Moses is a study in quick, generous humility: recognizing that his picture of the Other was in fact a caricature, and an ugly one at that. In Solomon Schechter, the Hungarian-born, Oxford-educated founder of the Jewish Theological Seminary, we find something else: a principled cultivation of dissent. On November 20, 1902, Schechter delivered his inaugural address as JTS’s chancellor. Touching on what we might anachronistically call viewpoint diversity and cancel culture, Schechter’s words speak with at least as much force today as they did just over a century ago:

You must not think that our intention is to convert this school of learning into a drill ground where young men will be forced into a certain groove of thinking, or, rather, not thinking; and after being equipped with a few devotional texts, and supplied with certain catchwords, will be let loose upon an unsuspecting public to proclaim their own virtues and the infallibility of their masters. Nothing is further from our thoughts. I once heard a friend of mine exclaim angrily to a pupil: “Sir, how dare you always agree with me?” I do not even profess to agree with myself always, and I would consider my work, to which, with the help of God, I am going to devote the rest of my life, a complete failure if this institution would not in the future produce such extremes as on the one side a raving mystic who would denounce me as a sober Philistine; on the other side, an advanced critic, who would rail at me as a narrow-minded fanatic, while a third devotee of strict orthodoxy would raise protest against any critical views I may entertain.

Schechter does not see the diverse and raucous discourse of his students as a concession to American individualism or a tactic to maintain a diverse coalition. Rather, the full and dissenting speech of his unruly students is intrinsically valuable and essential to the flourishing of the institution he envisions. His stance becomes yet more compelling when we realize that the ‘critical views’ Schechter entertained were not mere opinions, but the impetus to his greatest scholarly achievement: fifteen years earlier he had produced history’s first critical edition of a rabbinic text; his printing of Avot de-Rabbi Natan remains the standard one to this day. And against his groundbreaking work he invites, nay – demands – protest.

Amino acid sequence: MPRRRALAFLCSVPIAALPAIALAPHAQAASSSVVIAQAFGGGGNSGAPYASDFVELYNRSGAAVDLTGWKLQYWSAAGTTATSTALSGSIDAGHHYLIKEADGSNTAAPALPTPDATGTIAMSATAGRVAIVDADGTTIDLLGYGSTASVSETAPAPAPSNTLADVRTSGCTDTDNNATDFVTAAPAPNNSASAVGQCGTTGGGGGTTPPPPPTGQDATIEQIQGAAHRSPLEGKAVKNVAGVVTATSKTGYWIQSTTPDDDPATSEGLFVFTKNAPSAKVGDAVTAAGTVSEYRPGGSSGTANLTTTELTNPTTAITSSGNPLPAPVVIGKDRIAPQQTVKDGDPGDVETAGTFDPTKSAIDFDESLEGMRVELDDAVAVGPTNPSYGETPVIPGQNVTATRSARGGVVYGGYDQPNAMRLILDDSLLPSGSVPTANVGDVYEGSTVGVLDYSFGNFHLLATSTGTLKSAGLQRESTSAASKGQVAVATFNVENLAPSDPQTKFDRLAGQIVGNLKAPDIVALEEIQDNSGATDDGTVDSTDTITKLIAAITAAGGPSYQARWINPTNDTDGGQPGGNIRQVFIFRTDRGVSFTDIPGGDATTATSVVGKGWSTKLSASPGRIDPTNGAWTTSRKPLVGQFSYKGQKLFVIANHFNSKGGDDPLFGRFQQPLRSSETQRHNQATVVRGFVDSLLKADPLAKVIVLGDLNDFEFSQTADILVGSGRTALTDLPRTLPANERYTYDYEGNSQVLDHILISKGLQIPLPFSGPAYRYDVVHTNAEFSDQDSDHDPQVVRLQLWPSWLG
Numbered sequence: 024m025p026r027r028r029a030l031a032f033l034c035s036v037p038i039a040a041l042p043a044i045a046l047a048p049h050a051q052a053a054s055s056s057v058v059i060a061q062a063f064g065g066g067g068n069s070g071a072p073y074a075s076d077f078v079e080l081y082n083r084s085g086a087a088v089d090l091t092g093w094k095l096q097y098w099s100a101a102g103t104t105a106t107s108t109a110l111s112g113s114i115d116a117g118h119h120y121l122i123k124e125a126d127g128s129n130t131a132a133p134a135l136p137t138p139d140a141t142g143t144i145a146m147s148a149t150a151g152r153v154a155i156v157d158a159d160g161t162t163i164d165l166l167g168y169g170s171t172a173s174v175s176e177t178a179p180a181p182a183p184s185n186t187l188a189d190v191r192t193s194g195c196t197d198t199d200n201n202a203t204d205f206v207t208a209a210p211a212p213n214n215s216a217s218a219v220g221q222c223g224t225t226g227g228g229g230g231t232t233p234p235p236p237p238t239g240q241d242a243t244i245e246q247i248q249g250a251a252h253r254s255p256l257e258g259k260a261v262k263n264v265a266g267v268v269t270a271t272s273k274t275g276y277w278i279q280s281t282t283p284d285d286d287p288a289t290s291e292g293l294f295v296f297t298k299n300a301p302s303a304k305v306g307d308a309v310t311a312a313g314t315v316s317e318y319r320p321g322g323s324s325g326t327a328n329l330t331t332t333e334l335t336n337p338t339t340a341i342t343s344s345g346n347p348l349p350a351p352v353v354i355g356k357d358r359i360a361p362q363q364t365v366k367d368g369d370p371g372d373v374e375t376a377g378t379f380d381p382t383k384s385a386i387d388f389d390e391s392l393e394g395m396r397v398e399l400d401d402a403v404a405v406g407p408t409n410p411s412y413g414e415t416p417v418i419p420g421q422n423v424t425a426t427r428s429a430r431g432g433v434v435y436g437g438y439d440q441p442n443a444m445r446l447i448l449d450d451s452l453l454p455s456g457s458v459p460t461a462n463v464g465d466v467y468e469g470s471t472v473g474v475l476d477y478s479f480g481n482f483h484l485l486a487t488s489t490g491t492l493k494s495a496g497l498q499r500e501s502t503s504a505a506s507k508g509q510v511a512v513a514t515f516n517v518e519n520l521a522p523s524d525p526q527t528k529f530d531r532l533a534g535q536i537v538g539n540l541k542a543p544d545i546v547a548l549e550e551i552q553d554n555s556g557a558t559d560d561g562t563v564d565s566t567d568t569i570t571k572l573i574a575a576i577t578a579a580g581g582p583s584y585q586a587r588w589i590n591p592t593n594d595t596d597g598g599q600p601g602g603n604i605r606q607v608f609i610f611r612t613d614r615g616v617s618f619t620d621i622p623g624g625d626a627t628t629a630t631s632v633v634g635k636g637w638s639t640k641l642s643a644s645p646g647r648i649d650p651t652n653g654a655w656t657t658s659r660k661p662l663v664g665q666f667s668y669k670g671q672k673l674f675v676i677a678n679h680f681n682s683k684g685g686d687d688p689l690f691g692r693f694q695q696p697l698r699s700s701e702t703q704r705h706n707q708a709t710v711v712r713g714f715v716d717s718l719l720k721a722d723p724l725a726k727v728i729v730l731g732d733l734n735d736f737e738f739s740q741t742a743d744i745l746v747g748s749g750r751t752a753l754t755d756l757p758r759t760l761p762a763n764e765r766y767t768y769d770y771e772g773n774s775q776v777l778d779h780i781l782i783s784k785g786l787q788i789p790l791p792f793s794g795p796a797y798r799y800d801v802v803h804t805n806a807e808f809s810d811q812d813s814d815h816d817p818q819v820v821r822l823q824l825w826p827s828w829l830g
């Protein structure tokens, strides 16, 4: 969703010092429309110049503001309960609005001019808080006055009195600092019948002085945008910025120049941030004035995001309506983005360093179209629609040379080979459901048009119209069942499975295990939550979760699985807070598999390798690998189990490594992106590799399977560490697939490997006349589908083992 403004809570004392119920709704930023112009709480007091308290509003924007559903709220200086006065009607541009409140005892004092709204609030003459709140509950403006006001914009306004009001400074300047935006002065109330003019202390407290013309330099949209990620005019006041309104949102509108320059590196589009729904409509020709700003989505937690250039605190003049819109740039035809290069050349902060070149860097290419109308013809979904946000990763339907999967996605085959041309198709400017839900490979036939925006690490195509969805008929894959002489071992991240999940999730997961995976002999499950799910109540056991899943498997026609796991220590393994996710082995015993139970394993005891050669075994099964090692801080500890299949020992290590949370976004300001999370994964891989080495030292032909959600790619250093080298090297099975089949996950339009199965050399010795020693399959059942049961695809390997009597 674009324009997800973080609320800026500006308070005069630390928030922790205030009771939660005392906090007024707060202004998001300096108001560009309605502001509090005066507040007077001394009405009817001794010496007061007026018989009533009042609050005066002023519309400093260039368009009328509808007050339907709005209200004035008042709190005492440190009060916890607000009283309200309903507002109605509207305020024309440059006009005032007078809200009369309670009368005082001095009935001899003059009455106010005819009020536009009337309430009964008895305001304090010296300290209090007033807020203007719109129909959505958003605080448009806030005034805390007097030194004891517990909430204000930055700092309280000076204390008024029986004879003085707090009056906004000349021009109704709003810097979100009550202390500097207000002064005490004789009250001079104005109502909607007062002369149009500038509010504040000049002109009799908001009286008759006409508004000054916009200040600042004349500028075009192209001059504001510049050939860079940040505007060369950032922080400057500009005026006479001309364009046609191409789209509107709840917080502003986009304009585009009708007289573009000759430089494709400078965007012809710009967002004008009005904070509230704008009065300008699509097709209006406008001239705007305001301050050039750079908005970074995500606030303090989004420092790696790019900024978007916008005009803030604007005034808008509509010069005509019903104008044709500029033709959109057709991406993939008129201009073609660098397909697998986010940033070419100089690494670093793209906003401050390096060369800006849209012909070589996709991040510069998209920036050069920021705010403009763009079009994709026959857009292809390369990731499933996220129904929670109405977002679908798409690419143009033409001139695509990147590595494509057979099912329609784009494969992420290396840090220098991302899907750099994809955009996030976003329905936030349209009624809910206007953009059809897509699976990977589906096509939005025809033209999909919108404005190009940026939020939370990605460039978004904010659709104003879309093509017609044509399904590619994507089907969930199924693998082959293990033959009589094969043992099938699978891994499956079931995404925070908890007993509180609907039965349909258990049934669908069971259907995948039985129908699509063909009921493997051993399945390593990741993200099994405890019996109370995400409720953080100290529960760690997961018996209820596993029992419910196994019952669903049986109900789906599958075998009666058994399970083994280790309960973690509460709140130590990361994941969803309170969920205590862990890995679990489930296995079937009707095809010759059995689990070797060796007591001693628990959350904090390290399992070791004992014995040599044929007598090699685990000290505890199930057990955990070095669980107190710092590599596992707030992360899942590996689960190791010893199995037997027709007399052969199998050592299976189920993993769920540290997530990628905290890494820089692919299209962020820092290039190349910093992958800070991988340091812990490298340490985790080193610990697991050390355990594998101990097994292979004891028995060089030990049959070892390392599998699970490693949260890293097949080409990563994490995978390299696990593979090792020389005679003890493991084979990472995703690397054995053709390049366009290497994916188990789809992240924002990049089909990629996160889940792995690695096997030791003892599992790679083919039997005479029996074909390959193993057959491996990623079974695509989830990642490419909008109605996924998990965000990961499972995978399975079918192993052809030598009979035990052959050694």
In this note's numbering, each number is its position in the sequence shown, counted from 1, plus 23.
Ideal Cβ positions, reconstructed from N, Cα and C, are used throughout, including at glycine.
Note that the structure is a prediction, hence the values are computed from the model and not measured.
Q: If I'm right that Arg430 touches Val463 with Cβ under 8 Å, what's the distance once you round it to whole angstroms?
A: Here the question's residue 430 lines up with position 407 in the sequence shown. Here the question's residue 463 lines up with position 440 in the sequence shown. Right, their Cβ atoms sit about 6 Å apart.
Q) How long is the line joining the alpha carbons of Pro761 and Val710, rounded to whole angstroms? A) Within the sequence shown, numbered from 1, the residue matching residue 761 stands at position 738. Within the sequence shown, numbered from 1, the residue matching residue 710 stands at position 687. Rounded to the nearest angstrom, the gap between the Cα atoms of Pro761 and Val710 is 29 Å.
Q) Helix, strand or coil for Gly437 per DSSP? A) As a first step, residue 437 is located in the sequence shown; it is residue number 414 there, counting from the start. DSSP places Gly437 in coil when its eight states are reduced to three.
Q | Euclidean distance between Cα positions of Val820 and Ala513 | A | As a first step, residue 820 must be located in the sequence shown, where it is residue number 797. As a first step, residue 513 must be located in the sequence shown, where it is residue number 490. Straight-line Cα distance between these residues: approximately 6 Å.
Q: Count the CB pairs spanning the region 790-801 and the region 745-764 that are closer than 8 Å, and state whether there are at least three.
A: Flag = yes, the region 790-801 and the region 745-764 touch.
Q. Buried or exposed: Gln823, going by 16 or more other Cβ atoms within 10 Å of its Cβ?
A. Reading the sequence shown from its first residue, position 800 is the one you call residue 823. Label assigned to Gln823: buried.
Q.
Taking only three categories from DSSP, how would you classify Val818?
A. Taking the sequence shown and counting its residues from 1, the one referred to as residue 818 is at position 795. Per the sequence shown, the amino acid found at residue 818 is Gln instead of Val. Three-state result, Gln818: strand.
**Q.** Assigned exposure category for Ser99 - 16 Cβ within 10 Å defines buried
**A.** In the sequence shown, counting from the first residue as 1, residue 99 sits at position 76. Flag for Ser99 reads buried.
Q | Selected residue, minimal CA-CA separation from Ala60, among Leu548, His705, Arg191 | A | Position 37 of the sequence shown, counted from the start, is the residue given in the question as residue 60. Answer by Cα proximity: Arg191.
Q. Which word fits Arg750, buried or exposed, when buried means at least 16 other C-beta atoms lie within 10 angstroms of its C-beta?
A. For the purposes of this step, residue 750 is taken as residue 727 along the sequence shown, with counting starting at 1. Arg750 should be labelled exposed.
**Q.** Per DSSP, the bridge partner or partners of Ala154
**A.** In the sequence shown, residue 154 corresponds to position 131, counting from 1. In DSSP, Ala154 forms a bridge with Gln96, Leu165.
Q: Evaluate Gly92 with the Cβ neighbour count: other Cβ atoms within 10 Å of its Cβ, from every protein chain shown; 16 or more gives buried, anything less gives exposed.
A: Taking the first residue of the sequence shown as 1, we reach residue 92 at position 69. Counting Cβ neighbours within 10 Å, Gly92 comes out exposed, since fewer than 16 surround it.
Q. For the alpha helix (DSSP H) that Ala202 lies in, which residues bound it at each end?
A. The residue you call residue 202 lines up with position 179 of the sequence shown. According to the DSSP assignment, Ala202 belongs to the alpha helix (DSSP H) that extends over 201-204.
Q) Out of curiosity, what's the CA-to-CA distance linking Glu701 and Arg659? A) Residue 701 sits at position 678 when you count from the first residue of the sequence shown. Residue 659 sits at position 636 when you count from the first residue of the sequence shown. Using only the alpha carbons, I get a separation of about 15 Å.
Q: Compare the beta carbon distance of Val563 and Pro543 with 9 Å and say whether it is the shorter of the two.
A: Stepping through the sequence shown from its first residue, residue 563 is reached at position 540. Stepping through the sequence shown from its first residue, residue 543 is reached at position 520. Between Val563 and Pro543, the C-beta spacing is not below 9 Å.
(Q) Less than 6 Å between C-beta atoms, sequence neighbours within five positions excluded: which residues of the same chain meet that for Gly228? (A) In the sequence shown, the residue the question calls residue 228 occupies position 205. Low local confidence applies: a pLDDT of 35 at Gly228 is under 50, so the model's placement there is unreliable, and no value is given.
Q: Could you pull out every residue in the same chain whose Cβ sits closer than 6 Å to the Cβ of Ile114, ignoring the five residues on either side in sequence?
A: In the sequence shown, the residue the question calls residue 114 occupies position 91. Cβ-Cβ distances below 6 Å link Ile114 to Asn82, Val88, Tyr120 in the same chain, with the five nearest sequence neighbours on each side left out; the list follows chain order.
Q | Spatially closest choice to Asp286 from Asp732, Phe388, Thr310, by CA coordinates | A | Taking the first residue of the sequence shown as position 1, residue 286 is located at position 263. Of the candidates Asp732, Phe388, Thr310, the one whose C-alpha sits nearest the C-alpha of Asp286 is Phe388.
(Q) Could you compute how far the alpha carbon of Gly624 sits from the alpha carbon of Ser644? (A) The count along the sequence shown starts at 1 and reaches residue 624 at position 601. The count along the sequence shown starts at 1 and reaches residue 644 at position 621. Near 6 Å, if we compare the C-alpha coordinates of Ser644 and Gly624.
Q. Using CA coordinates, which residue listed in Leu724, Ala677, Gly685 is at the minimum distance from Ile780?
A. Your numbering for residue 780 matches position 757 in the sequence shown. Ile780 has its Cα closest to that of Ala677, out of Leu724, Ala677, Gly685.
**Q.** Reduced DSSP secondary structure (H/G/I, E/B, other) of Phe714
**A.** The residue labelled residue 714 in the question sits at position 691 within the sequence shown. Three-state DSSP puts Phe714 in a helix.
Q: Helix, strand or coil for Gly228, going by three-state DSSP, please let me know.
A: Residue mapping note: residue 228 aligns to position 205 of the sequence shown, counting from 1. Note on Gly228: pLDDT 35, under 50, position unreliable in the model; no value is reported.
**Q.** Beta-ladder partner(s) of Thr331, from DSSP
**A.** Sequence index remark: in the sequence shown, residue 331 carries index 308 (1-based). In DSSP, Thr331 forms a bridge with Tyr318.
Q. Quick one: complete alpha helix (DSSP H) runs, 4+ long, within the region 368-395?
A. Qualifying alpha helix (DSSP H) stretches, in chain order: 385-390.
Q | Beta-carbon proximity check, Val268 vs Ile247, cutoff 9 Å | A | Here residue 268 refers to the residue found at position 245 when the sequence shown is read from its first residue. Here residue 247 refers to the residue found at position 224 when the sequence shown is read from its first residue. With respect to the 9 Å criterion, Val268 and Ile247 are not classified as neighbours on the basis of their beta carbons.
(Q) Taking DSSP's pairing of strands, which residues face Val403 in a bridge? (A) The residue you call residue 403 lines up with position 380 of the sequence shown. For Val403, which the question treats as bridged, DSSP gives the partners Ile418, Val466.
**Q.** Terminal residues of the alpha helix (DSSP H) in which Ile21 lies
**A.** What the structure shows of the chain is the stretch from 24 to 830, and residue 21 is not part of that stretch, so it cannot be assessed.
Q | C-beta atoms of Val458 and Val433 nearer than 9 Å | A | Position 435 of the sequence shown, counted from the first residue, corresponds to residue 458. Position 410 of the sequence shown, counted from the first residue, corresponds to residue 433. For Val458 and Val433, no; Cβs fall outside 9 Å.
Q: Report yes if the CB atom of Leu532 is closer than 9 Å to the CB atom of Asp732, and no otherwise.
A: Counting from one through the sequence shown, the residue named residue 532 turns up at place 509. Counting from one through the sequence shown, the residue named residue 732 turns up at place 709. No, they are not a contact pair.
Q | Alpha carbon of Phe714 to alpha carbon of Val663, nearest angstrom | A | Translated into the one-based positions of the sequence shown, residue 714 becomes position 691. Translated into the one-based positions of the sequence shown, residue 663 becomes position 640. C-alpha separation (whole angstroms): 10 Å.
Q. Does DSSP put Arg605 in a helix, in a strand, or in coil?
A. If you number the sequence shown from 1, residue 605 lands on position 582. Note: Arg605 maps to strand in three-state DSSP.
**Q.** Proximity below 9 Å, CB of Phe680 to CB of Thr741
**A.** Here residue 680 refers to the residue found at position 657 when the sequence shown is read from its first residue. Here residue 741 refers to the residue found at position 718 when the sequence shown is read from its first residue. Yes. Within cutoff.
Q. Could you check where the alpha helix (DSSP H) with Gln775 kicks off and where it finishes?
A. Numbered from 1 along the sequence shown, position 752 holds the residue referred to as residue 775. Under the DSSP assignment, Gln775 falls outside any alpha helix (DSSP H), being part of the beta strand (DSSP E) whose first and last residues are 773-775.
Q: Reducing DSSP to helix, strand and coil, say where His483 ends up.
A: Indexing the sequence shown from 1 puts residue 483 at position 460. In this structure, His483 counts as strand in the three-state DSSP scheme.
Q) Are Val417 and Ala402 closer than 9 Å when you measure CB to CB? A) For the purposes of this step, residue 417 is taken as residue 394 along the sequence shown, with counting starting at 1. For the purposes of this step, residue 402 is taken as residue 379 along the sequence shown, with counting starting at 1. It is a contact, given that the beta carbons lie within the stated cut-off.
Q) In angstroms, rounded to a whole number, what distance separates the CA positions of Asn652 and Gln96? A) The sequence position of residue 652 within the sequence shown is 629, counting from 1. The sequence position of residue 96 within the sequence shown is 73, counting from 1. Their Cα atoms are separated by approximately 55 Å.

What makes Schechter a truly great figure is his embrace of intellectual debate despite a deep suspicion that the intellectual trends of his day were infected by anti-Semitism. Specifically, Schechter (correctly) saw 19th-century Biblical criticism as animated by anti-Semitism, sometimes overt but more often covert, and referred to what was then called ‘higher criticism’ (the historical- and source-stratification of the Biblical text) as ‘higher anti-Semitism.’ Because of this, Schechter refused to allow the teaching of Biblical criticism during his 14-year tenure as chancellor of the Seminary. But – and this is the critical point – he did not allow his awareness of the threat of anti-Semitism to become the primary lense through which he interpreted his students’ and colleagues’ criticisms of him or his ideas. The great scholar was alive to the fear that Jews must carry, and yet unwilling to allow fear to corrupt his institution of learning: in the kaleidoscopic diversity and conflict of his students’ honest, unyielding positions he sees not a threat, but the voice of revelation. 

We have the opportunity, and the obligation, to become disciples of Schechter and, harder yet, of Moses. May we, like Schechter, muster the curiosity and tenacity to not merely tolerate, but delight, in those who criticize us out of deep and honest conviction – drawing them in and raising them up. And, like Moses, may we reappraise those we have written off and rejected, reopening our ears and our hearts to the very real possibility that what we heard was not their voice, but the echo of our fears, projected and reflected. Perhaps those of us blessed and charged with leading Jewish communities should take this as an opportunity to exercise the most traditional mode of Jewish prayer, offering another’s words as our own: I would consider my work, to which, with the help of God, I am going to devote the rest of my life, a complete failure if this institution would not encourage each and every Jewish student to carry Judaism into the future with brilliance, independence, and friendship – their best preparation and protection in facing the dangers of tomorrow, together.

About the Author
Jason Rubenstein is the second Howard M. Holtzmann Jewish Chaplain at Yale and the senior rabbi of the Joseph Slifka Center for Jewish Life at Yale. All opinions are his own.